The Algona Upper Des Moines from Algona, Iowa on September 8, 1955 · Page 17
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The Algona Upper Des Moines from Algona, Iowa · Page 17

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Algona, Iowa
Issue Date:
Thursday, September 8, 1955
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Page 17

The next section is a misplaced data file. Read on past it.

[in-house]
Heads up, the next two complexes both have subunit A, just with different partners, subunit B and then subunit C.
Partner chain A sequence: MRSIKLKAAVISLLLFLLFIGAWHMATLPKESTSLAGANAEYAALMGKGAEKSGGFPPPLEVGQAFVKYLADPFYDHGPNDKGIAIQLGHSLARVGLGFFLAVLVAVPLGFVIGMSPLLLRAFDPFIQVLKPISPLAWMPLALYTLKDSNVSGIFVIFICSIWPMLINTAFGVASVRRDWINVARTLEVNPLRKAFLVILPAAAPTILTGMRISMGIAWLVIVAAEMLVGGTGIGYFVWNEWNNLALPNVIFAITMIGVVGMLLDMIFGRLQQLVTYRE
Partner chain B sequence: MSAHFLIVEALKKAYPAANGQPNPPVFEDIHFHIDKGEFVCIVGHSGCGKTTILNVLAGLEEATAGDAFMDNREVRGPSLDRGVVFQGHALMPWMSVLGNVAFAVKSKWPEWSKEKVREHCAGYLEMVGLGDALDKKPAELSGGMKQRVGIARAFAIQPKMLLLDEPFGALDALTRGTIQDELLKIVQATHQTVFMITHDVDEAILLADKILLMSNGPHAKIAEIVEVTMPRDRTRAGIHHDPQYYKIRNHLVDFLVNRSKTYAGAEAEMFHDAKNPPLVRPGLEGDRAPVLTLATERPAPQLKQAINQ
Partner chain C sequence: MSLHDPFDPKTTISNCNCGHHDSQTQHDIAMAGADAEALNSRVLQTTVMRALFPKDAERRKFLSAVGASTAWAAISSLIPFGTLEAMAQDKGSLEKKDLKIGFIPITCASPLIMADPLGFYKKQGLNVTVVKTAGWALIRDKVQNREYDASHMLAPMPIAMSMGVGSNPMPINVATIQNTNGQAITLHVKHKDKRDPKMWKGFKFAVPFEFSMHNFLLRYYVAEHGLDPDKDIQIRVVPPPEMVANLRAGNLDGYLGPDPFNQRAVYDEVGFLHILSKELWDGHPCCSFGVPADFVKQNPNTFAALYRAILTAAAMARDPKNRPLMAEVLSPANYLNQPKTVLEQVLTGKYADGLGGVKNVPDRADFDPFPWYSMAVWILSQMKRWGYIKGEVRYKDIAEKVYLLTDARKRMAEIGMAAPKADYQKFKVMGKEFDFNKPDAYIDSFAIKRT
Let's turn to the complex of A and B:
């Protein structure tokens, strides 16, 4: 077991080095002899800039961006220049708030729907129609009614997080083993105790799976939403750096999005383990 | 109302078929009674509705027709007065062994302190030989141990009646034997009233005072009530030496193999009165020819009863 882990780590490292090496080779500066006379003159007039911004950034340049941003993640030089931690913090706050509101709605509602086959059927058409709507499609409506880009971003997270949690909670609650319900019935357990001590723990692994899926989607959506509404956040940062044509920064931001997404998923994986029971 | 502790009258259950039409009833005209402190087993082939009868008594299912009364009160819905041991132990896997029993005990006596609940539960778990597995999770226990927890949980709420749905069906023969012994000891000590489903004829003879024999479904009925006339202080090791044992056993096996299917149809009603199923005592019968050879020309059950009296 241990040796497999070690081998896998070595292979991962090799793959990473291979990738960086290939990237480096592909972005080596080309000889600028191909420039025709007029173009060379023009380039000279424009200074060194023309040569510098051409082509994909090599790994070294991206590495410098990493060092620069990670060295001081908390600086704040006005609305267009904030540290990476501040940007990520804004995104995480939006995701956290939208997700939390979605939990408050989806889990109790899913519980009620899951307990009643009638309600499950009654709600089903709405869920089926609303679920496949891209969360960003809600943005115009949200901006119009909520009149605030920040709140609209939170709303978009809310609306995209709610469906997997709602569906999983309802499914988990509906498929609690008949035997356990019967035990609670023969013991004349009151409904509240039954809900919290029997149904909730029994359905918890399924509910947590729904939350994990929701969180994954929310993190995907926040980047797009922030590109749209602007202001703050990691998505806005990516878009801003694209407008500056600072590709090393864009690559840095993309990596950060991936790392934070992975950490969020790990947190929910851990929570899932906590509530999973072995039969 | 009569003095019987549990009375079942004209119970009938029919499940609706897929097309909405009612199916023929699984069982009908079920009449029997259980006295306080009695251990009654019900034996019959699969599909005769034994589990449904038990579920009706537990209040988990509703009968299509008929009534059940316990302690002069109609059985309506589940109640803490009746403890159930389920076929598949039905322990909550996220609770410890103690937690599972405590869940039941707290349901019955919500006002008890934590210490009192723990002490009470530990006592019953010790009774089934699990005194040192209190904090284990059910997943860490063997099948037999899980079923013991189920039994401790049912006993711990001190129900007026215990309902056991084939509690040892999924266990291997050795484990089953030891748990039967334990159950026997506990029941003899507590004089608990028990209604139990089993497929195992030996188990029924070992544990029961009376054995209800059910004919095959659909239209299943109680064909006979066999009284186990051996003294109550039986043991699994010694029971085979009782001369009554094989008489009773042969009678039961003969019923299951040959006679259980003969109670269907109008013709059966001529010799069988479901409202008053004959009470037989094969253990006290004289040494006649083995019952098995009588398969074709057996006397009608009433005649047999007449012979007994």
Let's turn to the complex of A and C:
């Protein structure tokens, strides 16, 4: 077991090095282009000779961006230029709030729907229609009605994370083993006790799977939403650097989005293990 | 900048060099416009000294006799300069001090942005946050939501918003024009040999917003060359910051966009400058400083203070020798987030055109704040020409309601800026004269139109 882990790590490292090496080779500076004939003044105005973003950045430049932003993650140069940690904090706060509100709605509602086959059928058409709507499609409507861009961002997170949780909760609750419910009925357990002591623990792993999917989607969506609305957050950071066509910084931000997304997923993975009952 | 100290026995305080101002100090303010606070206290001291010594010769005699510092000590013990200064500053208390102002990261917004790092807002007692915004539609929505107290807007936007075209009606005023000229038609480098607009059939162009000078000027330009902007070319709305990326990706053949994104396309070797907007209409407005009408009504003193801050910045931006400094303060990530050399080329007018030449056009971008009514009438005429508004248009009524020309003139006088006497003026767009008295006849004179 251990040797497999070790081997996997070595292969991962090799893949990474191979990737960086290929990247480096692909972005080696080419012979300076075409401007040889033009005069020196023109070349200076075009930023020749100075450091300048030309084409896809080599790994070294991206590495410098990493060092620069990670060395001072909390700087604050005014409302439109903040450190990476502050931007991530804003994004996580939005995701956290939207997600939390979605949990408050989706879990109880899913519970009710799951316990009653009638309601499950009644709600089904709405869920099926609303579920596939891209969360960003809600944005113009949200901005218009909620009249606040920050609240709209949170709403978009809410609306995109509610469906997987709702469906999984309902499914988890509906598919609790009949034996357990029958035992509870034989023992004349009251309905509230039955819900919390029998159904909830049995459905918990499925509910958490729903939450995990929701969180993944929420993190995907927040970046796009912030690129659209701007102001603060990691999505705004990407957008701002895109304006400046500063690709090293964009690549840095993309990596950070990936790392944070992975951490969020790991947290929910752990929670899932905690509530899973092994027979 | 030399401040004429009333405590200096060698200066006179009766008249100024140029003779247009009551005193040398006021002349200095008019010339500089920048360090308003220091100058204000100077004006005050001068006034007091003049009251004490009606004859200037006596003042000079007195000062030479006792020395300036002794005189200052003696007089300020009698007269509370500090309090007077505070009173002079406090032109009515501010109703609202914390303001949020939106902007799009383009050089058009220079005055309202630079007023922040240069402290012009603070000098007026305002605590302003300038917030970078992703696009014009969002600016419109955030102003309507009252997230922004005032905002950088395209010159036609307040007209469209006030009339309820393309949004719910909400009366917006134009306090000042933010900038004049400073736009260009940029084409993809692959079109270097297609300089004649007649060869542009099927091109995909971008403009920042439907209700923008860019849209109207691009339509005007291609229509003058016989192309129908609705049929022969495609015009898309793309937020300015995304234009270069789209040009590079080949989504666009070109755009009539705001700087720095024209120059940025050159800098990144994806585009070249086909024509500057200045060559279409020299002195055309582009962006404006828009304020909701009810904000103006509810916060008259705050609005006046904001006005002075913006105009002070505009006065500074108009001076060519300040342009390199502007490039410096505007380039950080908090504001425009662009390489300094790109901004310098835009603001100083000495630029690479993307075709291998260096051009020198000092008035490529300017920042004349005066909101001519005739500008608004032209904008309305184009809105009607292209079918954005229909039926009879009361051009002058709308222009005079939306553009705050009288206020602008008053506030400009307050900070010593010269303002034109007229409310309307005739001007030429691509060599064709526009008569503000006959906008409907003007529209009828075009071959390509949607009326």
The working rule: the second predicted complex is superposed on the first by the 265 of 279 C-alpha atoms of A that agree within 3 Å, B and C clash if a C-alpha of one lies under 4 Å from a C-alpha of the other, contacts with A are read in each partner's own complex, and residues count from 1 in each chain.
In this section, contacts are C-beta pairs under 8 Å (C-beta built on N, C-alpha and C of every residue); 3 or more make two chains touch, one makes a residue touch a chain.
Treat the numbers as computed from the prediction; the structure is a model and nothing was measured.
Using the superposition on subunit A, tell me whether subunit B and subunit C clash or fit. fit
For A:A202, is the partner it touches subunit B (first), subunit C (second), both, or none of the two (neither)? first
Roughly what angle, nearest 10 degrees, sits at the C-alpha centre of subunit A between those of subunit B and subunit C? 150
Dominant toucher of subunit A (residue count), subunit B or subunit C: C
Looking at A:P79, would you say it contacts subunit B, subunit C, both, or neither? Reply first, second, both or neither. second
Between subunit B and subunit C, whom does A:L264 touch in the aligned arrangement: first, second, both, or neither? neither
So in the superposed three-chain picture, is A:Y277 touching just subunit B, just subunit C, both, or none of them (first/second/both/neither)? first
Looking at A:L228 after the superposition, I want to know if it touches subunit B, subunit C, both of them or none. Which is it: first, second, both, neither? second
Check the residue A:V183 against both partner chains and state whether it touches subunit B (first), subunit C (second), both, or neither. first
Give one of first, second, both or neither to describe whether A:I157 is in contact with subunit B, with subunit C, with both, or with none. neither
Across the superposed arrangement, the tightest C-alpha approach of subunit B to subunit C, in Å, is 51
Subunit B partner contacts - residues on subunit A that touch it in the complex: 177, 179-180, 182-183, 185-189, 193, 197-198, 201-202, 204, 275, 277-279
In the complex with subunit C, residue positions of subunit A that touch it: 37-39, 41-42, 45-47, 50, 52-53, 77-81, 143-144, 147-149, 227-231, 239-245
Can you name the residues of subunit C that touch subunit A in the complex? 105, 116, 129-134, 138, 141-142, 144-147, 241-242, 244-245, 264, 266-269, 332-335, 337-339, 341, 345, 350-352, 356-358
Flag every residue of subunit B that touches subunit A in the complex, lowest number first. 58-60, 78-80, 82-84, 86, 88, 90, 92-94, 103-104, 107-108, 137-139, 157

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The Best Crop Is Always The Kids.. (Pictured above — 7 grandchildren of Mr. & Mrs. J. H. Mescher of Bancroft But... the NEXT THING Is Good, Steady Farm Income — There are many trends in farming, today, and evident for the future. Most Farmers in our area rely to great extent on their actual income from the sale of pork to finance their farm operations, to bring to their families the necessities of life, and to provide that "something extra" which makes for better living. — The youngsters are the most important crop on any farm, today as they always have been. But their future, and the future of farming in general, depends to some extent on how their Dads of today keep pace with changes in farming methods and consumer demands. — The hog raiser of today who is raising Meat-Type Hogs has made a good start toward insuring a better faimly income, and a better future for his children. If he is not raising them, but is making a start or thinking about it, he is moving in the right direction. — We, here at WESTERN BUYERS, know me trend in consumer buying of pork, which is reflected in the prices packers will pay for pork and the type of pork they want to buy. It is because of this, and the fact that we know the maintenance of a fair return to pork raisers in the future depends on Meat-Type Hogs, that we so sincerely urge our many friends — if they have not already done so — to thoroughly study the question of improving .their pork income with Meat-Type Hogs. TOP WINNERS IN SWINE AT THE IOWA STATE | FAIR WERE ALL 'MEAT-TYPE' HOGS WE PAY PREMIUM PRICES for MEAT-TPYE HOGS Phone 107 - We Will Come To Your Farm, Tell You Your Amount Of Premium For Meat-Type Hogs, For Delivery To Us On Fridays NATINAL AT WESTERN BUYERS Serving Over 200 Precettort of Perk In The U. S. A. j| PHONE 107 - ALGONA ALGONA, IOWA, THURSDAY, SEPTEMBER s, 1955 VOL. 92 - NO. 34 Wool Producers Vote For National Promotion Project LONE ROCK NEWS By Mrs Clarence Kraft Mr and Mrs Leslie Johnson and Sue Ann were guests Sunday evening at the E. P. Wurnkey home in Emmetsburg. Mr and Mrs Frank Dreyer and family attended a Dau reunion at Whittemore Sunday. Monday Frank Dreyer, Mr and Mrs Reuben Luedtke, Mr and Mrs Everett Dreyer attended the funeral of an uncle. Etnil Dreyer at Charles City. Mrs J. W. Campbell of Decatur. 111., sister of Mrs Leo Schmidt, arrived Saturday at the Schmidt home for a visit. Sunday Mr ana Mrs Schmidt and Mrs Campbell, Mr G. Kracht visited in Ricevill-i with the Ray Kracht family. Mr and Mrs Lawrence Dittmer and family, Mr and Mrs \Vm. Schrader and Wunda, Mr and Mrs Leonard Dittmer and family and Janice Bjustrom were Sunday dinner guests at the Arrie Dittmer home in honor of Watson Dittrners of Brookings, S. D. ana the Ed Dittrners of Volga, S. D., who are visiting here. A number of families attended the picnic dinner at the Presbyterian camp at Okoboji Sunday. Rev. and Mrs W'hitehouse and daughter, Betty, former pastor at Lone Rock, joined the group. Mr and Mrs Henry Junkmann of Bradgate were Tuesday even- j ing visitors at the H. A. Holmgren home. Mr and Mrs O. K. Ulrikson of Canton, S. D. spent Friday and Saturday with the Holmgrens. The Holmgrens ana Ulriksons have spent the last four winters in Fulton, Texas together. Mr and Mrs Eugene Newell of Sioux City were guests from Thursday till Saturday at Herschel- Hartmans. Mr and Mrs Leo Ramus and family, Mr and Mrs Merwin Marlow and Kern spent Sunday in Mr & Mrs Jerry Beamish Pictured above are Mr and Mrs Jerry Beamish who were uniied in marriage in a candlelight ceremony on Sunday, August 21, at the Methodist church in Algona. The double ring ceremony was performed by Rev. Harry Whyte. The bride, the former Maria Oakland, daughter of Mr and Mrs A. B. Oakland of Algona. is a 1952 graduate of Algona High School. The groom, son of Mr and Mrs Raymond Beamish of Algona, also a 1952 graduate of Algona High School, is a senior aeronautical engineering student at Iowa State College, Ames, where the couple will make their home. (Photo by Nels Isaacson) Des Moines at the fair and also visited the Ed. Moores. Mr and Mrs Art Person, Mr and Mrs Wallace Hawcott attended the State Fair at Des Moines Sunday afternoon and in the evening attended the reception for Capt. and Mrs Harold Fischer Jr. Mr and Mrs Jack Marlow and sons of Albuquerque. N. M., are here visiting friends and relatives. Mr and Mrs George Harms and family of Redfield, S. D., Mrs Clara Marlow of Burt, Don Marlow were supper guests Thursday evening at the Erich Seege- barth home. County Favors Project By 79-36 Ballot A promotion program for wool and lamb was approved hy wool producers of the nation in a referendum which ended in all states on August 19, it hns been reported here by Virgil L. Rohlf, manager of the Kossuth county ASC committee. The plan was approved in 41 states by big majorities which more than offset the failure of the proposition to receive the required majority in seven states'. Iowa, Michigan, Missouri, New Mexico. Oklahoma. Pennsylvania and Texas did not give the required majority but their producers will participate in the program the same as those of other states sinct the proposal was nationwide in scope. Ln the nation as a whole, producers owning 9,127,059 sheep voted in favor of the promotion program while owners of 3,517.680 sheep voted against it. This meant that owners of 72.2 percent of the sheep involved were in favor. For approval, the proposition had to be favored by owners of over two-thirds of the sheep involved. , In Iowa, the vote was 2,922 producers owning 190,904 sheep for the program and 1,689 owners having 108,793 sheep against. From the standpoint of number of sheep, those owning 63.7 percent were in favor of the program. In Kossuth county, the vote was 79 producers owning 3,164 sheep for the program and 36 owners having 912 sheep against. The plan which was approved by the referendum stems from the National Wool Act of 1954 and provides for advertising, pro* moling and developing related market activities for wool and lamb. The plan will be financed by deductions from payments under the wool incentive program. ELCO IMAOt MAN* REGISTERED Cooperatives Make Savings For You Many of your neighbors know the value of cooperative membtrfhip. They get to share in the savings of the cooperatives they do businesf with. 1 FELCO members profit two ways: I—they share in the eooperativt lavings; and 2—they get top production from their livestock and ppultry with FELCO feeds. Stop in this week, and learn about the double advantages of becoming i FELCO member. You get the best feed you can buy; and yoM shart in thf Cooperative savings. How can you lose on a deal like that? Stop in today. Let's talk about it! * The Farmers Elevator. Bod« Farmers Cooperative Elevator Co., Swea Ciiy Farmers Coop*r«iivt Society, Wesley Burt Coop«rariv» Elevator, Burt Lone Rock Cooperative El«v»lor Co., Lone Rock West Bend Etovgior Co., W«t B»nd Fenton Cooperative El«v*ior Co., F*alon Whittemore Cooperative El»v»tor, * 'DO BUSINESS WITH YOURSELF'